MVC acted upon the ConCourt’s view, and appeared before the Western Cape High Court in 2017 to argue that PAIA is unconstitutional, because it does not compel political parties to provide information on their private donations. In September 2017 the High Court found in favour of MVC in the matter, holding that PAIA is inconsistent with the Constitution on that point. It gave Parliament 18 months to amend the relevant legislation.

At the time Judge Yasmin Meer declared that information about the private funding of political parties and independent ward candidates, who are registered for elections, is “reasonably required for the effective exercise of the right to vote in such elections and to make political choices.”

CW makes submissions on political party funding

In a parallel but separate matter, on 20 June 2018 Corruption Watch (CW) made a submission before the parliamentary Ad Hoc Committee on the Funding of Political Parties, on the draft political party funding bill.

The organisation centred its submission on a number of points:

  • The definition of foreign persons – this accounts for individuals, locally registered companies, and trust, but does not make provision for companies which are registered in South Africa and whose major shareholder is a foreign entity. This has a bearing on the issue of beneficial ownership, CW said.
  • CW expressed its concern about the non-regulation of funding from companies that do business with the state as well as funding from investment vehicles owned by political parties – it suggested that the requisite amendments be included to address these vital issues. This does not necessarily involve complete bans but detailed and specific regulation so as to avoid abuse.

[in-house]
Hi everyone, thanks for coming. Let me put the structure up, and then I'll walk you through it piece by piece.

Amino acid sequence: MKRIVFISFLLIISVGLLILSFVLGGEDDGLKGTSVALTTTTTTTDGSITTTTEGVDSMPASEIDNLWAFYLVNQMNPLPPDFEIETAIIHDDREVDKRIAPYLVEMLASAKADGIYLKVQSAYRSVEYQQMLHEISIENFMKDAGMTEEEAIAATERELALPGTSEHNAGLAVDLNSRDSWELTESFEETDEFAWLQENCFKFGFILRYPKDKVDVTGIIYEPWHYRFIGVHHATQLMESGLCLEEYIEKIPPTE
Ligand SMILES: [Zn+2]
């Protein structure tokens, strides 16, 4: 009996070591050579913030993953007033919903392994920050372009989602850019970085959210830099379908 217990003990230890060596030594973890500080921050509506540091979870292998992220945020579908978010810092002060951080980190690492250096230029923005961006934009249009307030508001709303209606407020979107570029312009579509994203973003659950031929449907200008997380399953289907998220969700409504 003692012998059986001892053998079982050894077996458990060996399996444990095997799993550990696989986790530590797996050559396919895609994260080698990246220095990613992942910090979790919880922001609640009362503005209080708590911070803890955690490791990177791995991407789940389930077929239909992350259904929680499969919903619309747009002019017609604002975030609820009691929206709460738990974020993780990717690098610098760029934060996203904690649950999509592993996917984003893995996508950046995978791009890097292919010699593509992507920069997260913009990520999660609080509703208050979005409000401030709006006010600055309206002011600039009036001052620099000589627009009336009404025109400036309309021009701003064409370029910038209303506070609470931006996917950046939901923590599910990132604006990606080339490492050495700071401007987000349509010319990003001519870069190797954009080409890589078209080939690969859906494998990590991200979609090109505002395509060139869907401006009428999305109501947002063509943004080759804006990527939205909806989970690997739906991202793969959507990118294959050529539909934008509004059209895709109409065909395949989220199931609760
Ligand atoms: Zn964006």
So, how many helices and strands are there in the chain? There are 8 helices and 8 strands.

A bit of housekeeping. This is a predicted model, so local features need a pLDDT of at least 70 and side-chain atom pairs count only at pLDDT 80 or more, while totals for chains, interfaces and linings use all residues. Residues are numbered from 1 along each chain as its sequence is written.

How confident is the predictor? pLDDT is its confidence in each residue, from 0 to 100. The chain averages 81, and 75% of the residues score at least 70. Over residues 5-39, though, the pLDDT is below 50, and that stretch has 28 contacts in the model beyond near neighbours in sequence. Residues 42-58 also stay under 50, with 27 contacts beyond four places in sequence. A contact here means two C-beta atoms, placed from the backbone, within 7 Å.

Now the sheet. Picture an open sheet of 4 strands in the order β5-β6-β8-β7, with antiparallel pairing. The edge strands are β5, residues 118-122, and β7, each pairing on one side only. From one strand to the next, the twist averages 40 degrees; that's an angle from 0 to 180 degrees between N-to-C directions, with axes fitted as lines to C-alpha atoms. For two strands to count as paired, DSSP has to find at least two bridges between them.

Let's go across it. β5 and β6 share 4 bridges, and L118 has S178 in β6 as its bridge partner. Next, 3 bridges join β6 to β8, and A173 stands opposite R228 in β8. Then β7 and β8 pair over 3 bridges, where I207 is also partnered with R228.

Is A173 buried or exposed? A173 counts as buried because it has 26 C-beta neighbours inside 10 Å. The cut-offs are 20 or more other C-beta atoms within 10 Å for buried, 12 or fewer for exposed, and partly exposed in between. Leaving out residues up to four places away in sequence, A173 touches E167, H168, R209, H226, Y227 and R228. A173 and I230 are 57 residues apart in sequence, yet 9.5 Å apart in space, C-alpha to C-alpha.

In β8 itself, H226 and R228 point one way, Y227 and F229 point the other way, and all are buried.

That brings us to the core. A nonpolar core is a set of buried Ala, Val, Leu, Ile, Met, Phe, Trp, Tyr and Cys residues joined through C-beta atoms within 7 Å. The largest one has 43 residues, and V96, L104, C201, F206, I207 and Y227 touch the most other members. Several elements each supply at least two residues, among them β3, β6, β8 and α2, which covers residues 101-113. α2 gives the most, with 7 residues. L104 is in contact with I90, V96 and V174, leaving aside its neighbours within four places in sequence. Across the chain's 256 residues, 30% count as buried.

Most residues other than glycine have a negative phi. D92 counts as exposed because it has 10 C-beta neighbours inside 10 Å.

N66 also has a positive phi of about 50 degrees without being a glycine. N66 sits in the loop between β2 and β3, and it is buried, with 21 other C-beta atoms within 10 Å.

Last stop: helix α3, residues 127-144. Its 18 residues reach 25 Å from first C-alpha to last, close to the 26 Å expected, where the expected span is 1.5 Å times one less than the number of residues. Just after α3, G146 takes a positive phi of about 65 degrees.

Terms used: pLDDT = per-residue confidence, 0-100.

• The organisation also highlighted clause 9(3)(a), which provides for a donation to a political party or a member of a political party by a foreign entity, for the purpose of policy development of a political party. CW said the uncertainty in this clause as to what is meant by policy development allows for precisely the type of influence by foreign interests over the policies of local political parties that must be prevented.

Download our submission.

“We hope that the ConCourt’s judgment will give the National Assembly and the National Council of Provinces the impetus to push the party funding bill through before next year’s general elections,” said CW’s Govindsamy, who was in Parliament to present the submission. “We are almost there – if the regulations are in place, fine-tuning can happen afterwards.”

CW again emphasised the importance and usefulness of the OECD Framework on Financing Democracy and Supporting Better Public Policies and Averting Policy Capture, in the reform of party political finance. The organisation pointed out that in the OECD Framework, there are reports of a correlation between campaign spending and performance in elections. The allocation to a particular legislature must be divided equally among the represented political parties in each of those legislatures, CW said, because the allocation of funds to political parties is important for levelling the playing field and encouraging competitive electioneering.

The risk of having allocation of funds distributed according to votes or share of seats in past elections hinders smaller parties (with less access to funds) from contesting with the bigger parties in a meaningful way.